The lymphatic circulation as a drainage system

The lymphatic system has neither a heart nor arteries. Its microscopic dead-end capillaries extend into most tissues, paralleling the blood capillaries.

The lymphatic circulation is a drainage system. Its job in maintaining fluid balance is to:

collect excess interstitial fluid and return it to the blood (approximately 3 litres daily).
return plasma proteins to the blood.

Once interstitial fluid enters a lymph capillary, it is referred to as lymph.

The three main types of lymphatic vessels are lymph capillaries, lymphatics, and lymph ducts.

Lymph capillaries are microscopic tubes located between cells. Lymph capillaries resemble blood capillaries somewhat, but differ in important ways. Whereas a blood capillary has an arterial and a venous end, a lymph capillary has no arterial end. Instead, each lymph capillary originates as a closed tube. Lymph capillaries also have a larger and more irregular lumen (inner space) than blood capillaries and are more permeable.

The wall of a lymph capillary is constructed of endothelial cells that overlap one another.

When fluid outside the capillary pushes against the overlapping cells, they swing slightly inward--like a swinging door that moves in only one direction. Fluid inside the capillary cannot flow out through these openings.

lymphatic.gif (198730 bytes)This animation of a section through a lymph capillary shows how pressure in the interstitial fluid surrounding the capillary pushes open the overlapping cells.

The arrows represent the direction of flow of the lymph.

Note the internal valve which allows the lymph to flow in one direction only.

Lymph capillaries branch and interconnect freely and extend into almost all tissues of the body except the CNS (Central Nervous System) and the avascular tissues such as the epidermis and the cartilage.

Lymph capillaries join to form larger vessels called lymphatics or lymph veins. These resemble blood-conducting veins but have thinner walls and relatively larger lumen, and they have more valves. In the skin, lymphatics are located in subcutaneous tissue and follow same paths as veins. In the viscera, lymphatics generally follow arteries and form plexuses (networks) around them.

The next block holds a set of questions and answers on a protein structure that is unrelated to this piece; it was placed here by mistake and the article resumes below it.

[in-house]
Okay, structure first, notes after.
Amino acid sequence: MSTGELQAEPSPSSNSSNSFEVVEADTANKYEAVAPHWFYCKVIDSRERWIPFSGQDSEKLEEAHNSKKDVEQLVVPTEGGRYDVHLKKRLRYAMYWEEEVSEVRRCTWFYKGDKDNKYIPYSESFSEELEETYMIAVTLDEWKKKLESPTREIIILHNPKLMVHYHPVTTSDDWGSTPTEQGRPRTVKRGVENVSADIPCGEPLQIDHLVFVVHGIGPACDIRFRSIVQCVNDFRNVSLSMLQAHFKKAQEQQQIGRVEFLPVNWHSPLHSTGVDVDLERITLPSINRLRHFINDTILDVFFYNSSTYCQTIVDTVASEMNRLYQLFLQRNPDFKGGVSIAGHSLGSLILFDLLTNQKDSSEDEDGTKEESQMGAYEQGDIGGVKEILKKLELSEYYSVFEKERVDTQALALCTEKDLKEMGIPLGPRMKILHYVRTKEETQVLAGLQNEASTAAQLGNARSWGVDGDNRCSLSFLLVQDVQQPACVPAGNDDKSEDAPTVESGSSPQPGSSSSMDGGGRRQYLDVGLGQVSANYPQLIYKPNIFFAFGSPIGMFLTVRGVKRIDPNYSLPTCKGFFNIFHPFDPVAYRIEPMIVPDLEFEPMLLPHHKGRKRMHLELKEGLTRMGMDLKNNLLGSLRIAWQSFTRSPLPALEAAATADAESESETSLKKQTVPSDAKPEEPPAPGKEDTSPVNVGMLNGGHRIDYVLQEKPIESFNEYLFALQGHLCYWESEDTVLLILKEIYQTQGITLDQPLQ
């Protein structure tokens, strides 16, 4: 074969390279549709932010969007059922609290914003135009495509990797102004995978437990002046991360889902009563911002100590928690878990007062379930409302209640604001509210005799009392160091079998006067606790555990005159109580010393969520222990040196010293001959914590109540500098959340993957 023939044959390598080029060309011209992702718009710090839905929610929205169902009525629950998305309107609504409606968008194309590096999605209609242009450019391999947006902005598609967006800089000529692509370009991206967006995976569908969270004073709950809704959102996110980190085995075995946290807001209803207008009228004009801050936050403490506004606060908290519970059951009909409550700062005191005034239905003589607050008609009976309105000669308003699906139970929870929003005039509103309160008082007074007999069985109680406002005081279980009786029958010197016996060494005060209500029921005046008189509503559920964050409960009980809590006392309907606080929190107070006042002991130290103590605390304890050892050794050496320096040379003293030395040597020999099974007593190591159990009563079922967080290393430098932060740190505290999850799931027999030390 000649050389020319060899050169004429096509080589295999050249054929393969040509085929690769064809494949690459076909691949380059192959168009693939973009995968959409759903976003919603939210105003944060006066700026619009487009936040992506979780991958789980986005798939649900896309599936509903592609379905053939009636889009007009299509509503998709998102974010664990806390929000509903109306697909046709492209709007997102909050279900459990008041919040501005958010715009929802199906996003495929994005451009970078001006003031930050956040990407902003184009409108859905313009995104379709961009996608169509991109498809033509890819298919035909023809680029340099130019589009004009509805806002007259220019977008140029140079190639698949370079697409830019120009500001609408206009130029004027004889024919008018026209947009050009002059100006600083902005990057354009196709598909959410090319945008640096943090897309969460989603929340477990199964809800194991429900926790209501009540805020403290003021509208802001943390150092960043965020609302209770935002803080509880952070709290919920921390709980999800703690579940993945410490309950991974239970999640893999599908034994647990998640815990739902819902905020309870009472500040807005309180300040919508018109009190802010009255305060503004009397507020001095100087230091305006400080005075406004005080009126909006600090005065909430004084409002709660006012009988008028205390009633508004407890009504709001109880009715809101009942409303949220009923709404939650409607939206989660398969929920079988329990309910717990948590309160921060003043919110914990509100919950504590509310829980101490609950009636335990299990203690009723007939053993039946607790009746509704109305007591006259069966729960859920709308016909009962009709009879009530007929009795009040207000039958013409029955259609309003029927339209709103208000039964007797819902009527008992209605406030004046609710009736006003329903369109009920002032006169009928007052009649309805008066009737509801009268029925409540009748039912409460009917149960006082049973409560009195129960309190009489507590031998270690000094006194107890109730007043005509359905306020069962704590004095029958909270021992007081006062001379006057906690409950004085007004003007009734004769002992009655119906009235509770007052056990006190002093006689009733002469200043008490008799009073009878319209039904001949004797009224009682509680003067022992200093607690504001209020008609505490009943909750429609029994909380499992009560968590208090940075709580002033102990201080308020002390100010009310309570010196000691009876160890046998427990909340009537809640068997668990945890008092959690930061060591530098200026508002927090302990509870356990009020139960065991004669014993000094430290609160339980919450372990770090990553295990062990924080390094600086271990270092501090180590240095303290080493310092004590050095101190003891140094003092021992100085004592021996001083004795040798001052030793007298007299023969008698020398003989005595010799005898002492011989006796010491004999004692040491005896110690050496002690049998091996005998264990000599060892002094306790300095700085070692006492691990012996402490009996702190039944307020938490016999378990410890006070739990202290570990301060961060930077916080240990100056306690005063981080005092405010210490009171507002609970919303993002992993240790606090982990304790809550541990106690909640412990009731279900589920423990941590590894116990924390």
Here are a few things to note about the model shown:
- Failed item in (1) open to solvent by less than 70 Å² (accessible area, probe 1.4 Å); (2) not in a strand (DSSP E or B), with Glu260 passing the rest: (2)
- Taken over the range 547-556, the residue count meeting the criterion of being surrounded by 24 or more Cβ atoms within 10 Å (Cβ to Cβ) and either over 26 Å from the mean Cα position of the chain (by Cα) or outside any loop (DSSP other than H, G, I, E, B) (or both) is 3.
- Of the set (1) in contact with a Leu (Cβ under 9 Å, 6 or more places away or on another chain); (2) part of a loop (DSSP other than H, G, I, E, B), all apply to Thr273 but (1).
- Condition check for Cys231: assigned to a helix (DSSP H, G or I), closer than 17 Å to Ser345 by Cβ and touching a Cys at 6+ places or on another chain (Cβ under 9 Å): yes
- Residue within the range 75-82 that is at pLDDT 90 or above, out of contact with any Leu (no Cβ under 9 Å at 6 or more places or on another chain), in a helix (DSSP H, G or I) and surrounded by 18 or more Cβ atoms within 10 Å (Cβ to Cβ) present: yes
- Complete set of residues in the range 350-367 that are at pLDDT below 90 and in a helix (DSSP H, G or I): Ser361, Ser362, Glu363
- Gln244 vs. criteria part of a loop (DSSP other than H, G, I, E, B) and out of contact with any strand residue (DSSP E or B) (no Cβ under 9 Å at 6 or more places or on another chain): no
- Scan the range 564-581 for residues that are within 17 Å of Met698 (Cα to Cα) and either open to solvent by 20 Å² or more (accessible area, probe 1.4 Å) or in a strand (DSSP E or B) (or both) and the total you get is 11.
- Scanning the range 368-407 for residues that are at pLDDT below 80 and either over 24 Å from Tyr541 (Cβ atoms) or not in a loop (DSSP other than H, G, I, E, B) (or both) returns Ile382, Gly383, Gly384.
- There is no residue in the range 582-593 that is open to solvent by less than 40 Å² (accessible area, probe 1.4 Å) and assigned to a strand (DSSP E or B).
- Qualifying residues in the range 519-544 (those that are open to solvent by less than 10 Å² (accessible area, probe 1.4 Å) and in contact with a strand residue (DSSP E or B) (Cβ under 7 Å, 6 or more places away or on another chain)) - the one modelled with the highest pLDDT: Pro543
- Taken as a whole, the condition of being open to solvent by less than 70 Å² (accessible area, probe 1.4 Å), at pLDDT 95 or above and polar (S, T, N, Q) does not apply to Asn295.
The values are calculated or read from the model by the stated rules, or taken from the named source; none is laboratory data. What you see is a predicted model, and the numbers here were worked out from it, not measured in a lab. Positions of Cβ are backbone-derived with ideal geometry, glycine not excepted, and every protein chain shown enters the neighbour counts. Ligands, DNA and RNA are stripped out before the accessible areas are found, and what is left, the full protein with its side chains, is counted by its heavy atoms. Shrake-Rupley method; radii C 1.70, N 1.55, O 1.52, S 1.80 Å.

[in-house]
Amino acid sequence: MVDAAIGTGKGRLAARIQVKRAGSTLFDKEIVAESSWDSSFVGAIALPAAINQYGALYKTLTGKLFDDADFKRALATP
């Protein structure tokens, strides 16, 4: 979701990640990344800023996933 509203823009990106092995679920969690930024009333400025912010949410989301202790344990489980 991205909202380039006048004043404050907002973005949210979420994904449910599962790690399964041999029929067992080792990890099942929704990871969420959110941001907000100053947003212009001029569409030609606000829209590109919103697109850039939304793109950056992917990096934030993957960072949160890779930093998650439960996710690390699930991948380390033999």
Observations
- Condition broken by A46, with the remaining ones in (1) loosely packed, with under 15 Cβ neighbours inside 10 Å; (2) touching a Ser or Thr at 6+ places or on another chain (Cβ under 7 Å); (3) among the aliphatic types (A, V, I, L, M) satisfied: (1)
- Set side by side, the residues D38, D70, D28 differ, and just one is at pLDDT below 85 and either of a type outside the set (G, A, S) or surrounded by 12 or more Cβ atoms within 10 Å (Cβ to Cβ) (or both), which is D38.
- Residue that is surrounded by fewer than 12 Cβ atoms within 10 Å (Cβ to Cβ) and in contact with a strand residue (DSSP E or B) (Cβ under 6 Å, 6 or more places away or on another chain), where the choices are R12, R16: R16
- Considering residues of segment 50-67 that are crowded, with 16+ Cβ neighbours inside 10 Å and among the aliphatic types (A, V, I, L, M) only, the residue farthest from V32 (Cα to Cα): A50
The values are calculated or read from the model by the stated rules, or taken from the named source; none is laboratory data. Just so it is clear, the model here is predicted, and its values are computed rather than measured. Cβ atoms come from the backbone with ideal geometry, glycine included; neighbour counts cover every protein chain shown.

At certain locations lymphatics enter lymph nodes. These are structures that consist of lymphatic tissue.

As the lymph flows slowly through the lymph sinuses within the tissue of the lymph node, it is filtered. Macrophages remove bacteria and other foreign matter as well as debris.

Lymphocytes are added to the lymph as it flows through the sinuses of a lymph node. Thus the lymph leaving the node is both cleaner of debris and richer in lymphocytes. Lymphatics leaving lymph nodes are called efferent lymph vessels and conduct lymph toward the shoulder region. Large lymphatics that drain groups of lymph nodes are often called lymph trunks.

Lymphatics from the lower portion of the body converge to form a dilated lymph vessel, the cisterna chyli, in the lumbar region of the abdominal cavity. The cisterna chyli extends for about 6 centimetres just to the right of the abdominal aorta. At the level of the twelfth thoracic vertebra, the cisterna chyli narrows and becomes the thoracic duct.

Lymphatic vessels from all over the body, except the upper right quadrant, drain into the thoracic duct. This vessel delivers the lymph into the base of the left subcIavian vein at the junction of the left subcIavian and internal jugular veins. In this way lymph is continuously emptied into the blood where it mixes with the plasma. At the junction of the thoracic duct and the venous system, a valve prevents blood from flowing backward into the duct.

Only about 1 centimetre in length, the right lymphatic duct receives lymph from the lymphatic vessels in the upper right quadrant of the body. The right lymphatic duct empties lymph into the base of the right subclavian vein (at the point where it unites with the internal jugular vein to form the brachiocephalic)

An example of the pattern of lymph circulation is:

Lymph capillariesArrow.gif (10319 bytes) lymphatic Arrow.gif (10319 bytes) lymph node  Arrow.gif (10319 bytes)lymphatic Arrow.gif (10319 bytes)cisterna chyli Arrow.gif (10319 bytes)thoracic duct

Lymphatic vessels and lymph nodes can be visualised by the process of lymphangiography. A radiopaque (not transparent to x-rays) contrast material is injected into the a lymphatic vessel. This will show up the vessel and itís connections to other lymph vessels. The fluid is left in the system for 24 hours and the lymph nodes can then be observed by X-rays. This technique is quite important in the treatment of neoplasms and other disorders of the lymphatic system. The technique is also used to locate lymph nodes for radiation therapy or for surgical removal.